Resurrection: Christ’s Glory, Our Hope (Part 1)

The raising of Lazarus from the dead in John’s Gospel is the grand finale of miracles in Jesus’ public ministry. Other miracles of Jesus are no less significant (to name a few: water to wine, chapter 2; feeding of 5 thousand, chapter 6; restoring sight to the blind, chapter 9). Yet, raising Lazarus is Jesus’ most spectacular display of power and it foreshadows the glory of his own resurrection. In pondering this chapter, some questions were raised. I have purposefully not consulted with any commentaries so as to deal only with inspired text. What follows are my own reflections.

Why did Jesus delay two days before leaving to be with his friends Martha and Mary and their ailing brother Lazarus? 
After all, he was only about 25 miles north of Bethany (given the traditional site where John the Baptist was performing baptisms, cf. John 10:40). He could’ve been there in ~10 hrs (walking). By the time Jesus arrived in Bethany, Lazarus was dead 4 days (11:40). A suggested timeline could be: Assuming Lazarus died and was laid to rest in his tomb the same day and sometime after Jesus was told of his illness (day 1), Jesus then waits 2 days before traveling to Bethany (days 2 and 3), he arrives on the fourth day of Lazarus’s death.

As the final miracle before Jesus’ trial, conviction, death, and resurrection, Jesus delays

  • to leave no doubt that Lazarus had indeed expired and this miracle, therefore, could hardly be questioned
  • to show “it is for God’s glory so that God’s Son may be glorified through it” (11:4)
  • for the sake of his disciples (11:15) so they would believe that death does not end in despair
  • to illustrate that he too would rise again just as he had told them (John 2:19-22; more on this later)

Why did Jesus say Lazarus’s sickness would “not end in death” (11:4), yet later declare “Lazarus is dead” (11:14)? Is this a contradiction? Was Jesus hopeful at first, but changed his story after learning Lazarus had died?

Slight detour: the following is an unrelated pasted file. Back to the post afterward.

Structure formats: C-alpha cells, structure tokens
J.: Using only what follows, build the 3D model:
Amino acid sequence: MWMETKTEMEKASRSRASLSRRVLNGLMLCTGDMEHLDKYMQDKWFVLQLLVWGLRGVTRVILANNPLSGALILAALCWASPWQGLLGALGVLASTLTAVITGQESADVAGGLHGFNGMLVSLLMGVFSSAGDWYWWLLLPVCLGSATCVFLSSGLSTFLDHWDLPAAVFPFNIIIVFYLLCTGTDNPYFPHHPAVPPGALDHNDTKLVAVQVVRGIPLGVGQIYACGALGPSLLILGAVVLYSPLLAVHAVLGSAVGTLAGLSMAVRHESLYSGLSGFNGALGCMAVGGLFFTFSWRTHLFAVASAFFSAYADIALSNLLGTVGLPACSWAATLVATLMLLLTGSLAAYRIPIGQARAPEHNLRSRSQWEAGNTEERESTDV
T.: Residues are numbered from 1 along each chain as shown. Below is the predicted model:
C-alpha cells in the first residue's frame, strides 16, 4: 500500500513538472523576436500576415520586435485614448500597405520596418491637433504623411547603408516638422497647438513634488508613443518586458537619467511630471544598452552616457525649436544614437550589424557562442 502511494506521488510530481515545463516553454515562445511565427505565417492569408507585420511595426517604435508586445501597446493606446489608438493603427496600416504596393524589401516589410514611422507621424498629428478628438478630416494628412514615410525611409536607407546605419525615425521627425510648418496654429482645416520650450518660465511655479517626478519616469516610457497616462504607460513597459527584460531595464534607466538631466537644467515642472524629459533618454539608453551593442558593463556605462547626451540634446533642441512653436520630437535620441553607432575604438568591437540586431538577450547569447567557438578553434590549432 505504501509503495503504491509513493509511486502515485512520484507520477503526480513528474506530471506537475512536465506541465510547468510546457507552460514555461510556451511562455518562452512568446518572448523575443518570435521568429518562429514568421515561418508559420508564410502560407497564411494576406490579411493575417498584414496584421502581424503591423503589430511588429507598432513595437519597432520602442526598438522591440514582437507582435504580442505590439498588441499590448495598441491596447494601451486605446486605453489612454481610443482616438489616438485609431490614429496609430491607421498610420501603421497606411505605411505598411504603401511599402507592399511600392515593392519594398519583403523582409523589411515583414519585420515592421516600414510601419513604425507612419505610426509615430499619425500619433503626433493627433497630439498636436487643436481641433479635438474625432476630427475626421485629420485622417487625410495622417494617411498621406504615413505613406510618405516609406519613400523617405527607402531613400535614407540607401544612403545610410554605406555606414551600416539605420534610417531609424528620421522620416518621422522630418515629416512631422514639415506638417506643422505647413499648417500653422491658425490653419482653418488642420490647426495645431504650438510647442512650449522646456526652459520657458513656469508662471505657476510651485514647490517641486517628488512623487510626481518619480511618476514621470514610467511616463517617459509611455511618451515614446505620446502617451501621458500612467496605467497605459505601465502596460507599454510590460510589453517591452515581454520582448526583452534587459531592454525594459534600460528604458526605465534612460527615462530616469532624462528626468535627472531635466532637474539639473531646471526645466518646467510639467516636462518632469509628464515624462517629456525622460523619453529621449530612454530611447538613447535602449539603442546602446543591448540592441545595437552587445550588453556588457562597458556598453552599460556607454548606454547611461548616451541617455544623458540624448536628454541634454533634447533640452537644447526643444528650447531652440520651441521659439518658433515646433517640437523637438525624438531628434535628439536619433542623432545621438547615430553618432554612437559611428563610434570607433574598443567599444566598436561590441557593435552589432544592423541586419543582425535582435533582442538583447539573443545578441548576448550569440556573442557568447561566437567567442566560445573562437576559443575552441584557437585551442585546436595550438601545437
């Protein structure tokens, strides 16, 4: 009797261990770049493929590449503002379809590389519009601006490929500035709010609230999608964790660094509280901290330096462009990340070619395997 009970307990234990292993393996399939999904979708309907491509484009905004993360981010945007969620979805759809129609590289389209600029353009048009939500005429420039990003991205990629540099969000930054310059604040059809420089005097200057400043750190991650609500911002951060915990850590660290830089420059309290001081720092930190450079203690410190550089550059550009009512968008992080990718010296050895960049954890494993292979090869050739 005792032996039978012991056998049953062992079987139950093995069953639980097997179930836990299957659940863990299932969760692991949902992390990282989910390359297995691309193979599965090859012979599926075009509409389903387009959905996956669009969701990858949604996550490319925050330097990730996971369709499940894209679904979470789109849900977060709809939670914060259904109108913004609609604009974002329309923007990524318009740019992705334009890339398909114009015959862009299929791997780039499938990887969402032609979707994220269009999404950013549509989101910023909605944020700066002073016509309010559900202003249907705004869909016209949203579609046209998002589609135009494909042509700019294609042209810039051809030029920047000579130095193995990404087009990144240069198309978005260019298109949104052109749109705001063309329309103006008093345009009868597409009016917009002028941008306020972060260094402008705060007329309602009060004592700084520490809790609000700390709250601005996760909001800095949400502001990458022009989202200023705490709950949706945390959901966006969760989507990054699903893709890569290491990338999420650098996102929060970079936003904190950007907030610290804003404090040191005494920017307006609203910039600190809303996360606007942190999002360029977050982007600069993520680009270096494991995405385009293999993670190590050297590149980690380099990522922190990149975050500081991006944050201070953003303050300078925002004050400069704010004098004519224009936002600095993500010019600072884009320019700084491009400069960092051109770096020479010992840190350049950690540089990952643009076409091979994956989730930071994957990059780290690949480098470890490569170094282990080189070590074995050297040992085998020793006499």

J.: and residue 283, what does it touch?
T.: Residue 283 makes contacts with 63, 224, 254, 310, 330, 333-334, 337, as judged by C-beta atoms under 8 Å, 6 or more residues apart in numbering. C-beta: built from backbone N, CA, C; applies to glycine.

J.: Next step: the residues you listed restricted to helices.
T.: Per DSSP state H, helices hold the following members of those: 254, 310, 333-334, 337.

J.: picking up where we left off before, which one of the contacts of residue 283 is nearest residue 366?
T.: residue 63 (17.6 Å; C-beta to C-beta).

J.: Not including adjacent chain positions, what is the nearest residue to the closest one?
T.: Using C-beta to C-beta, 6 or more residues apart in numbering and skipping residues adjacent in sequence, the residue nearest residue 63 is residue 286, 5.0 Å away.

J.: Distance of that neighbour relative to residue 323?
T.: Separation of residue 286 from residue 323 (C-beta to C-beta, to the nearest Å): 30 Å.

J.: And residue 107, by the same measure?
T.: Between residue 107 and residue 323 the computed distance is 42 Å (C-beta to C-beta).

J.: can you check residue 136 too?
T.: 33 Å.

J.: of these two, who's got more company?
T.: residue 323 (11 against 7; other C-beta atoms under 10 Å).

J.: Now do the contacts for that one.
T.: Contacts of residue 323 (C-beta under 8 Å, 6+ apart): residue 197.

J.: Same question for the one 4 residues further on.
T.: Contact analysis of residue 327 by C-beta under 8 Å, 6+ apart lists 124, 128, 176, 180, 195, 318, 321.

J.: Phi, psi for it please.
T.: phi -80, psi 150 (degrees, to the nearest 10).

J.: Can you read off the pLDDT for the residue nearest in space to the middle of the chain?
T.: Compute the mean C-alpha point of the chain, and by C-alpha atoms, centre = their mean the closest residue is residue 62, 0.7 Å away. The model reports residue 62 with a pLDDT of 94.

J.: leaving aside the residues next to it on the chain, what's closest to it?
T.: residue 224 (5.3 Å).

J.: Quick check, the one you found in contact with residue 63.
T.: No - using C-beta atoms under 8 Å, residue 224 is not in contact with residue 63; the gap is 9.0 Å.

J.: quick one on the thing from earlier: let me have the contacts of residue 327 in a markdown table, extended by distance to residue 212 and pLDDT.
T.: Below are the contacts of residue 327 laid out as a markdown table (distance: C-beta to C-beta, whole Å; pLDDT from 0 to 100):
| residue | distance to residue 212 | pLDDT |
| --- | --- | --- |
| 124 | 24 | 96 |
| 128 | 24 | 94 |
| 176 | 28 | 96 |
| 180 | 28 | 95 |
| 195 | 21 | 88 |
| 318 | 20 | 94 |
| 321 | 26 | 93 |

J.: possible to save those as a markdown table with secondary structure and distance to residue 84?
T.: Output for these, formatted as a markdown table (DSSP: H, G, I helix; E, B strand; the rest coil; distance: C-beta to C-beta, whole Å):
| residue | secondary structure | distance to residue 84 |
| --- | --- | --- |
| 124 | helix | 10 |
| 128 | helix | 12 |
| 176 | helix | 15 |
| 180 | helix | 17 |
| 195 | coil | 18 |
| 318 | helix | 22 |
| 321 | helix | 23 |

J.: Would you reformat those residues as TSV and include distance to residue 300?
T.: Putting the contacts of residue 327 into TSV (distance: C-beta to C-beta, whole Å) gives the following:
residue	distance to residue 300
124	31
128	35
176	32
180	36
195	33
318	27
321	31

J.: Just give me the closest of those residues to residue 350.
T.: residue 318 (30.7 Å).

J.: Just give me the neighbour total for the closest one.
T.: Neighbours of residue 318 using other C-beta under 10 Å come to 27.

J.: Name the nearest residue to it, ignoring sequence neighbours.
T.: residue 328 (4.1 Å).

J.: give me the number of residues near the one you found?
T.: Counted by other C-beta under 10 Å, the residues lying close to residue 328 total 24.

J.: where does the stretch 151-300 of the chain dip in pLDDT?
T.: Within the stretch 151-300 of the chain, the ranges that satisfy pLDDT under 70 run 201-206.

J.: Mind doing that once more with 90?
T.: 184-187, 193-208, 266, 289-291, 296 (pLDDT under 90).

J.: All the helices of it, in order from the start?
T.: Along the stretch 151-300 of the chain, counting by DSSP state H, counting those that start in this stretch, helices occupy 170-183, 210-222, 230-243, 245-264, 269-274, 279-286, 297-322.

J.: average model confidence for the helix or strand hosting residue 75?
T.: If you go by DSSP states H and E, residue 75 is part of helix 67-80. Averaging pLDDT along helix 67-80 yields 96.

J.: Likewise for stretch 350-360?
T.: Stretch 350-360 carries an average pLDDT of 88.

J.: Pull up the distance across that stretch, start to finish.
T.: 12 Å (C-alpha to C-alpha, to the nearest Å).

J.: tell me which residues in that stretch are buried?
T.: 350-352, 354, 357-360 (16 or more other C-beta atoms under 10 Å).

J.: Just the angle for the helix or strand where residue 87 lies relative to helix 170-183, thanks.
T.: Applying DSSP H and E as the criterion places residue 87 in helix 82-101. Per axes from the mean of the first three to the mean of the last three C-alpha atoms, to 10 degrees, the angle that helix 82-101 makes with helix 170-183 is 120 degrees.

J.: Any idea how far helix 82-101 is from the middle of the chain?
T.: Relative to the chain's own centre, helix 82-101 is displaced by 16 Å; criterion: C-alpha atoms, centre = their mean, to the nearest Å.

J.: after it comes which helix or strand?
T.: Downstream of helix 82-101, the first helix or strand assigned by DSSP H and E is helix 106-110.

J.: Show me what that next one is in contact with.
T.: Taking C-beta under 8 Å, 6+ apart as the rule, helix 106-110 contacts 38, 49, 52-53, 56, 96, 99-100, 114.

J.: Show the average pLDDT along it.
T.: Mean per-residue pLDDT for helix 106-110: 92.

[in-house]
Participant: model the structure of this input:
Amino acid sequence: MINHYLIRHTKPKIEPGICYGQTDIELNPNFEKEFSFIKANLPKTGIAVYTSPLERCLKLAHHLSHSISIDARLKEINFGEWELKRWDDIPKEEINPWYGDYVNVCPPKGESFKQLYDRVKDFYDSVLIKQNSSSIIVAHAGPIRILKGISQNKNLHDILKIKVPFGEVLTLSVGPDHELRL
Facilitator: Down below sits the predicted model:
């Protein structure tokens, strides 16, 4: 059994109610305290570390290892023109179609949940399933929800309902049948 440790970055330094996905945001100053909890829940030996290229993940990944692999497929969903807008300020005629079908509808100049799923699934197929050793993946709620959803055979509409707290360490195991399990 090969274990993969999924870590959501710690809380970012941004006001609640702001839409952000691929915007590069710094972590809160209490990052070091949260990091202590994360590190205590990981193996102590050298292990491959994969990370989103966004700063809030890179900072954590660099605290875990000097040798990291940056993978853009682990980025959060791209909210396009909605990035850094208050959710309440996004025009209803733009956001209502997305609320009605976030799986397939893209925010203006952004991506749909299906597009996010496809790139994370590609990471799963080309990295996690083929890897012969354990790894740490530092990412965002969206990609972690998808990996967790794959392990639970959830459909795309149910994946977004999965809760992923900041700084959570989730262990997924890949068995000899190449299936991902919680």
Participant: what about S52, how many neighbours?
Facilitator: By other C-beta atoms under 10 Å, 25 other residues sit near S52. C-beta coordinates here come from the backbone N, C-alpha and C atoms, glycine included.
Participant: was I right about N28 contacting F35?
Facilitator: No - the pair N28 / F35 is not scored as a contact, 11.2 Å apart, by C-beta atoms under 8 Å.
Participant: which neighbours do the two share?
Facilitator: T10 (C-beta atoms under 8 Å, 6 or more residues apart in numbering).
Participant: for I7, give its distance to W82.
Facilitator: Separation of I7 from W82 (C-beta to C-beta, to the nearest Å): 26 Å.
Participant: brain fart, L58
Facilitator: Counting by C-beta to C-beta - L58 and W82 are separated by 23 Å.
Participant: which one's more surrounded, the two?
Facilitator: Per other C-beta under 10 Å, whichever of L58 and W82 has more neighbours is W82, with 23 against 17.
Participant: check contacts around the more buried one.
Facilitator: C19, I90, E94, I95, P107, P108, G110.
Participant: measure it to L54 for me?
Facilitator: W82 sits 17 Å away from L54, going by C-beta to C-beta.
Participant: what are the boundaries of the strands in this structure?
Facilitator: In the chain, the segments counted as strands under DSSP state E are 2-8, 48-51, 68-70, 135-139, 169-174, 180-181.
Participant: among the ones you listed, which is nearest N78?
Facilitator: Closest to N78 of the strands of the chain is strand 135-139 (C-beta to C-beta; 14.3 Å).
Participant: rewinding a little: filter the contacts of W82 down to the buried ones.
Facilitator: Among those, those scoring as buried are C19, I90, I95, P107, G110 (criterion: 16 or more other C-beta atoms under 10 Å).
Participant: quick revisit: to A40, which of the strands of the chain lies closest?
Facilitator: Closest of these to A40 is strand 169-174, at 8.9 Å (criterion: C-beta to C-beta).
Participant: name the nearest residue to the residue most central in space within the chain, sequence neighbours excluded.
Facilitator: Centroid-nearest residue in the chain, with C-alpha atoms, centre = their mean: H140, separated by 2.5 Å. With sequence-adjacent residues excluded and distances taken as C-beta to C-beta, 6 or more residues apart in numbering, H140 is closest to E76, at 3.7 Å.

The answer partially lies in how Jesus refers to Lazarus’s death as “falling asleep,” which was a common metaphor for physical death (see Acts 7:60; 13:36; 1 Cor 11:30; 15:6, 20; 1 Thess 4:14; 5:10).

The answer also lies in the fact that Scripture speaks of two kinds of death. On the one hand everyone who believes in Jesus will “live even though they die” (11:25), whereas on the other hand “whoever lives by believing in me will never die” (11:26). This only makes sense if Jesus was speaking of two kinds of death. Every unbeliever will experience death twice (Rev 2:11); a physical death and also a second death that culminates in and is tantamount to eternal judgment. This second death is graphically portrayed as being tossed into “the lake of fire” (Rev. 20:6, 14; 21:8) and is a kind of “eternal death” in that it is final and never-ending (I’m unconvinced of annihilation for unbelievers; see here).
Lazarus, and all believers by extension, will experience only one kind of death, which is physical. Hence, the text contains no contradiction, since Lazarus’s sickness would not end in eternal death, but did result in physical death.

Why are these details important? 
No doubt, the glory that Jesus had in mind (11:4) was not only to show his power over death in raising Lazarus, but foreshadows his own impending death and resurrection. Jesus already told his disciples twice that he will die and rise again, since he has power to lay down his life and power to take it up again (2:18-22; see esp. John 10:17-18). He will tell them at least one more time (see John 12:23-24).

This final miracle of Jesus considerably increased his public profile and set the stage for his arrest, trial, conviction, death, burial, and resurrection (11:57; 12:10), all of which was prophesied by Mary’s anointment of Jesus (John 12:1-8). John 11:46ff shows a major turn of events as the Jews began plotting to kill Jesus because this last and most amazing miracle threatened the Sanhedrin’s political and religious authority (11:48). It is unlikely their use of “our temple” and “our nation” was spoken on behalf of what was best for Israel; it was more likely spoken on behalf of their own interests.

So What? How Does This Apply To My Life?
Part 2 answers this question.

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